National Gallery of Canada
Cornelia Hahn Oberlander
Terre Sauvage: two museum gardens harbor the soul of Canada
|Fig.1||The Taiga covers most of Canada and consists of vast pine forests of pine, larch, and spruce. (Image: freeimages.com)|
|Fig.2||Terre Sauvage by A.Y. Jackson, 1913. (Image: WikiArt)|
|Fig.3||Garden plan by Cornelia Hahn Oberlander, 1986. (Image: Canadian Centre for Architecture)|
|Fig.4||Cornelia Hahn Oberlander - one of Canada's most prominent landscape designers - took works of art from the Group of Seven as inspiration for the museum garden. (Image: National Gallery of Canada Library and Archives)|
|Fig.5||The garden that Hahn Oberlander designed is a translation of characteristic elements of the Taiga, as an attempt to capture the soul of the Canadian landscape in a garden, as the artists of the Group of Seven tried to do in their paintings. (Image: gardensottawa.ca)|
The artists of the famous Group of Seven painted the rugged North American landscape of the taiga in the 1920s and 1930s to oppose the loveliness of European landscape painters. The taiga covers most of Canada and consists of vast forests of pine, larch and spruce.
Cornelia Hahn Oberlander - one of Canada's foremost landscape designers - took the works of art from the Group of Seven as inspiration for the museum garden of the National Gallery of Canada, designed in 1983 by architect Moshe Safdie. The works of art would be placed directly opposite the garden. With her design for the museum garden, Hahn Oberlander wanted to express a national identity based on the country’s own landscape. She said: "Our landscape contributes to our sense of identity, who we are and where we live." ( i ) The work Terre Sauvage by A.Y. Jackson from 1913 was the main source of inspiration for her: an image of rugged nature, with cloudy skies and rocks, from which trees and plants grow.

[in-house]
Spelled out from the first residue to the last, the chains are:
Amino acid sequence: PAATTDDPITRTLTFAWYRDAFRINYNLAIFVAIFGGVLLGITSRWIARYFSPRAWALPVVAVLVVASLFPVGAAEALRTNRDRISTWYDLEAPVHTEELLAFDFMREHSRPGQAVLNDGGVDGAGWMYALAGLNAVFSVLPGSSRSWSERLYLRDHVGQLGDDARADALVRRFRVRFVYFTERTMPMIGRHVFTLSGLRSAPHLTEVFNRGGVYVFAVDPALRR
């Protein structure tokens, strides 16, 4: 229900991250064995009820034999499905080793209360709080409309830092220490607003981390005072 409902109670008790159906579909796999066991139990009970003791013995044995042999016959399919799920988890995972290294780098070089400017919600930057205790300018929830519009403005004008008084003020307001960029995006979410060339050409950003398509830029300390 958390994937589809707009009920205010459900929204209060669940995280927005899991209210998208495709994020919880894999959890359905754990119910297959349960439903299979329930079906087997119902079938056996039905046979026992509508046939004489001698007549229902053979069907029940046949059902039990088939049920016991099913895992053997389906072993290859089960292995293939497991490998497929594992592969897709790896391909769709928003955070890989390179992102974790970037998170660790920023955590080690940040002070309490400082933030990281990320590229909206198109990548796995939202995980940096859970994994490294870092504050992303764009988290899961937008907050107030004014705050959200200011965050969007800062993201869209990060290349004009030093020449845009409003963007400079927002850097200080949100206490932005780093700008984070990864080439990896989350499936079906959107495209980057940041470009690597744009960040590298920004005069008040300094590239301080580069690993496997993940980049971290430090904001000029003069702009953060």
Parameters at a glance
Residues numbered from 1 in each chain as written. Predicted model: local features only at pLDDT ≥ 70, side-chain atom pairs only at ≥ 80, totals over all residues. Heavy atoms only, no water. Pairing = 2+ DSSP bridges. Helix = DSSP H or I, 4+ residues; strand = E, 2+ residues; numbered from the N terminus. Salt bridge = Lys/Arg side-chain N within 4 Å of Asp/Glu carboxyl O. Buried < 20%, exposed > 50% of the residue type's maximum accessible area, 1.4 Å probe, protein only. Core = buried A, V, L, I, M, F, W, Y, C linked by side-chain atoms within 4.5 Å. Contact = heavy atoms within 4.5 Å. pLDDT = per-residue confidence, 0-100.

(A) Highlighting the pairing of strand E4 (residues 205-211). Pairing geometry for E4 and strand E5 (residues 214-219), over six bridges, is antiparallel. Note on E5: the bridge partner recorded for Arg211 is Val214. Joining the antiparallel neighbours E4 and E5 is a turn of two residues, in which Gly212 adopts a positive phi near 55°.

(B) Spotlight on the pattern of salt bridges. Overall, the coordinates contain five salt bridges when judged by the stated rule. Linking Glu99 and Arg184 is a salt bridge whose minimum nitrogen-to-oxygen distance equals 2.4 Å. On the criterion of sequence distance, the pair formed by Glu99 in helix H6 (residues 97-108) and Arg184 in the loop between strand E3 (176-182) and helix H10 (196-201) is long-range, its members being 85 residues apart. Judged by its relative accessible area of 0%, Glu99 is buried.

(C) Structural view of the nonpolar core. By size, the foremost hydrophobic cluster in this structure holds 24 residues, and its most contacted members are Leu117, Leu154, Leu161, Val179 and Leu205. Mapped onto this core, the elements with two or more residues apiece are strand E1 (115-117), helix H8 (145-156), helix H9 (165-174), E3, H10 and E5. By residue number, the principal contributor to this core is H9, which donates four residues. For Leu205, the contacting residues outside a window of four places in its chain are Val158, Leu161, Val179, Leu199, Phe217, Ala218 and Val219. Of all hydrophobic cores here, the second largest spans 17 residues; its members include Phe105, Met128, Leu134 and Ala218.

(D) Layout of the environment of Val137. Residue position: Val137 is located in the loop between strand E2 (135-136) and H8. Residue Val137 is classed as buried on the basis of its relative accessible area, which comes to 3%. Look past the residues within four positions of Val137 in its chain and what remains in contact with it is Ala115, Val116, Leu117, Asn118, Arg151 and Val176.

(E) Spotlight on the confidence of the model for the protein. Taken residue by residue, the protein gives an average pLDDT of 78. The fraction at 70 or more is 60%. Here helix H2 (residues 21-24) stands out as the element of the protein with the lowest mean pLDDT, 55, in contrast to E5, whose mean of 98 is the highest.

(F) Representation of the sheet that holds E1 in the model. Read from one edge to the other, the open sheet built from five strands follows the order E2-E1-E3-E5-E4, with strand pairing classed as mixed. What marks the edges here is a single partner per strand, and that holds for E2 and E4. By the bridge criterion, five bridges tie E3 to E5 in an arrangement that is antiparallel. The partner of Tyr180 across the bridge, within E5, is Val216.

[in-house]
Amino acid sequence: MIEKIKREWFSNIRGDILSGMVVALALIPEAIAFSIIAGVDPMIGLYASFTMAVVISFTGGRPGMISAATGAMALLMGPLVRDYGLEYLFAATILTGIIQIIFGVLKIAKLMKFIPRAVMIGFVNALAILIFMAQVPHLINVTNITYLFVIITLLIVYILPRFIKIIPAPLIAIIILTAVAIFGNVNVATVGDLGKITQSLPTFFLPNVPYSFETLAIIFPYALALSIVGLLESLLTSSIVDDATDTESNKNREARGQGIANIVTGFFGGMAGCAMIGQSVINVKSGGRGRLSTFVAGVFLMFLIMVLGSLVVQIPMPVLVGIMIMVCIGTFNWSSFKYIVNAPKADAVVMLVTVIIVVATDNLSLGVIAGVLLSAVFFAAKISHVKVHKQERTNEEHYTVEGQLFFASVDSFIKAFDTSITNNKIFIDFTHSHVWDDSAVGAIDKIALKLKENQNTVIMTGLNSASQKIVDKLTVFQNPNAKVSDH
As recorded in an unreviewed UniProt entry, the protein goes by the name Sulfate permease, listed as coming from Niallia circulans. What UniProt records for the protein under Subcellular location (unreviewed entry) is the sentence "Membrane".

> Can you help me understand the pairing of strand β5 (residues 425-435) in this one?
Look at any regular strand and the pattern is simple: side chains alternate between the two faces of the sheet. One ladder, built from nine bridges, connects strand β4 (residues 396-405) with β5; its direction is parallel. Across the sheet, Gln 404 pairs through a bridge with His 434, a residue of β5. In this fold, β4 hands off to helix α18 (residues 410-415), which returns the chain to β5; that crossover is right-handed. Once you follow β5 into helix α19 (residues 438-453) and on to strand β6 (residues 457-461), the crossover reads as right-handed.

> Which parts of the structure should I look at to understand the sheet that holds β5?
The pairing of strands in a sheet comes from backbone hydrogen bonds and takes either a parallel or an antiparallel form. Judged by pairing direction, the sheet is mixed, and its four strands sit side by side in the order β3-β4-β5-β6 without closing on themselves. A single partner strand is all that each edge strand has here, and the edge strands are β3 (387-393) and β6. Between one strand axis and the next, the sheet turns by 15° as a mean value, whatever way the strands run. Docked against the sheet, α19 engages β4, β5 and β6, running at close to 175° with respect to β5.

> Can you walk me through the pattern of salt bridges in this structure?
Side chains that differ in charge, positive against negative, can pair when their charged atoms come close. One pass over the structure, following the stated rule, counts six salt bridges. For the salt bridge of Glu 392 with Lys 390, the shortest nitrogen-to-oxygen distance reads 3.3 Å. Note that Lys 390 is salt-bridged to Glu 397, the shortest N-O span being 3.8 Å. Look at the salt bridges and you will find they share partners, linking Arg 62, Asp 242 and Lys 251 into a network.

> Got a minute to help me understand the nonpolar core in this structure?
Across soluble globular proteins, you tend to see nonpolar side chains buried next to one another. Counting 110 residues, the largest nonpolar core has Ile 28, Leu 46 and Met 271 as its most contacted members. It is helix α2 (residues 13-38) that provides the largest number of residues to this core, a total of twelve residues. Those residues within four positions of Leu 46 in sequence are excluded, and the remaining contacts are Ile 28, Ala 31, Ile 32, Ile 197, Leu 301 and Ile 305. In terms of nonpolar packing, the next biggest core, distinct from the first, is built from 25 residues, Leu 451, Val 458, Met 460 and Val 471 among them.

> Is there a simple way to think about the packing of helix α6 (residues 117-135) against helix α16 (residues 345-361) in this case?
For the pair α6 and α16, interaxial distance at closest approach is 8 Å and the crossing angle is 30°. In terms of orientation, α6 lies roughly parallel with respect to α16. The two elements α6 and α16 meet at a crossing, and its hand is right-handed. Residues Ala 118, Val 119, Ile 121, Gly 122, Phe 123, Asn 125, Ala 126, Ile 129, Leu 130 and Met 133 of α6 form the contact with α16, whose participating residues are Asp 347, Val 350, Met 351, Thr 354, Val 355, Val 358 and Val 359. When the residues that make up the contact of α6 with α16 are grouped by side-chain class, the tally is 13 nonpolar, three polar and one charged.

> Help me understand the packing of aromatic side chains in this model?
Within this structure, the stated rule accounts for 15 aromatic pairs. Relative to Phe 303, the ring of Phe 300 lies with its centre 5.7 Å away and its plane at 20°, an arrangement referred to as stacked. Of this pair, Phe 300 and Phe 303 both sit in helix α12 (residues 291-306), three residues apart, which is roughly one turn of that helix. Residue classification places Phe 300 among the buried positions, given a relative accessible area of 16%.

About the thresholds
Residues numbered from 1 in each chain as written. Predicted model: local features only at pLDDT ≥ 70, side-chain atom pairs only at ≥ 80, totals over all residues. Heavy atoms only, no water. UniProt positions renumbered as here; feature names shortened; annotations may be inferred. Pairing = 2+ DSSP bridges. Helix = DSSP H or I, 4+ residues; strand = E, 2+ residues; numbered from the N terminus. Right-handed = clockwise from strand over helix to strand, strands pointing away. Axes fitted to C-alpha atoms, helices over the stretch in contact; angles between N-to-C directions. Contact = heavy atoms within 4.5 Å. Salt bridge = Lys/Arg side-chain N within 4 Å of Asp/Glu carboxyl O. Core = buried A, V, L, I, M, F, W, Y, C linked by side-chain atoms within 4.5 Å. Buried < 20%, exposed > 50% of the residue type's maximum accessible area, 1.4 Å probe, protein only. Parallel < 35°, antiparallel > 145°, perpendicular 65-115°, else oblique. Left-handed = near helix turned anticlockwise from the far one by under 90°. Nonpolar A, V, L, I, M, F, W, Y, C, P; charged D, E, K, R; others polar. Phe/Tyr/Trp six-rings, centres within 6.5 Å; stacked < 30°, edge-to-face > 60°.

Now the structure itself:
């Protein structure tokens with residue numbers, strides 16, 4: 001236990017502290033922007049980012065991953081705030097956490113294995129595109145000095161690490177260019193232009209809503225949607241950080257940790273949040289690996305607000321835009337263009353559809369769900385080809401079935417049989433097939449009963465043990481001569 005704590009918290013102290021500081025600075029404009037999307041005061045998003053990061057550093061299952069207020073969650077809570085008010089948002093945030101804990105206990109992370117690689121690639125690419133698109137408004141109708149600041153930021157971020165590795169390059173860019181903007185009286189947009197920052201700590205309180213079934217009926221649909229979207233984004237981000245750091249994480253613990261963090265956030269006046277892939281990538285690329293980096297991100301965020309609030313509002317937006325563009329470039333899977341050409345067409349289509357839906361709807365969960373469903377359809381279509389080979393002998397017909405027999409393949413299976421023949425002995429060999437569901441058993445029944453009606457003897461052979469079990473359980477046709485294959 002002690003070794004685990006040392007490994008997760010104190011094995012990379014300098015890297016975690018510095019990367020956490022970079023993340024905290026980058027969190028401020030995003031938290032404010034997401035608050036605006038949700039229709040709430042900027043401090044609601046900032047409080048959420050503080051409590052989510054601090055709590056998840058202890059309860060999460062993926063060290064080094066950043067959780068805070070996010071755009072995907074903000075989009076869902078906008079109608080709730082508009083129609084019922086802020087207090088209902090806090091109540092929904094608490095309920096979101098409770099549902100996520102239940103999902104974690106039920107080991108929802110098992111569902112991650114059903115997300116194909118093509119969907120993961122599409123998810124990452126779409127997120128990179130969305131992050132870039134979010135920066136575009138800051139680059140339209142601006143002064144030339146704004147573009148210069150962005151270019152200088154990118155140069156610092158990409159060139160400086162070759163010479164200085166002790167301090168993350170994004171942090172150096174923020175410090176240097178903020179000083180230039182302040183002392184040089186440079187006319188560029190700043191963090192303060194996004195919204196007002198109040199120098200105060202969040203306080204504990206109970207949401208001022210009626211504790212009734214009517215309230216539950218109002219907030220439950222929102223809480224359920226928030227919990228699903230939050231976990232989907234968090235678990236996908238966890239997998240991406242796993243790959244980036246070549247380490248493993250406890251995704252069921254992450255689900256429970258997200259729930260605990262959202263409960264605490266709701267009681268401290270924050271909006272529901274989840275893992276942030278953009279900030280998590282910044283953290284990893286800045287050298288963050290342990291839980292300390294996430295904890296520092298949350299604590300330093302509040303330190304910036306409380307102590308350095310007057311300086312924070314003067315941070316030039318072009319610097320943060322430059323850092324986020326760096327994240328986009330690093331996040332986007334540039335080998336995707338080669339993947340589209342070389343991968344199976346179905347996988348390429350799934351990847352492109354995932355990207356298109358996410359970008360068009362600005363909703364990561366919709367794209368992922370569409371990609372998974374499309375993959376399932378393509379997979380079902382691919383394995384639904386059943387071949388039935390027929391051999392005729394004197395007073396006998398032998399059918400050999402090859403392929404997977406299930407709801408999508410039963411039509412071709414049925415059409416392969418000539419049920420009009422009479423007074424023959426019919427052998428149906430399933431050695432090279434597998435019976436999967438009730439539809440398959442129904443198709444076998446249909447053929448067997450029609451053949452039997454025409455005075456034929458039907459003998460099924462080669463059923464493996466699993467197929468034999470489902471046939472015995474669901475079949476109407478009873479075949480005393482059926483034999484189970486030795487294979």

The garden is on a wedge-shaped plot of about 84 by 45 meters, slightly lowered compared to the museum building and clearly visible to passers-by. On the ground a jagged and irregular rock floor, without paths or benches - just like in the landscape to which the garden refers, it is up to visitors to explore and appropriate it. Dogwood, iris and pines are planted in the nooks and crannies of precisely placed rocks. Hahn Oberlander was looking for trees that looked wind-stricken, the nursery’s usual dead straight trunks would not be in place here.
The garden that Hahn Oberlander designed is not a three-dimensional translation of the painting Terre Sauvage and it is certainly not a cut-out of the taiga landscape. It is a translation of characteristic elements, as an attempt to capture the soul of the Canadian landscape in a garden, like the artists of the Group of Seven tried to do in their paintings.
In 2018, Hahn Oberlander created a second garden inside the museum, a reference to the landscape of Canada before human intervention. The garden design also refers to the impressive location of the museum on Nepean Point, a rocky hill overlooking the Ottawa River. The garden consists of large limestone rocks from the Canadian Shield. The rocks form hills, between which a pebble path runs, a reference to a river bed.
|( i )||http://www.vancouversun.com/life/opinion+queen+green+just+keeps+sowing/9981725/story.html|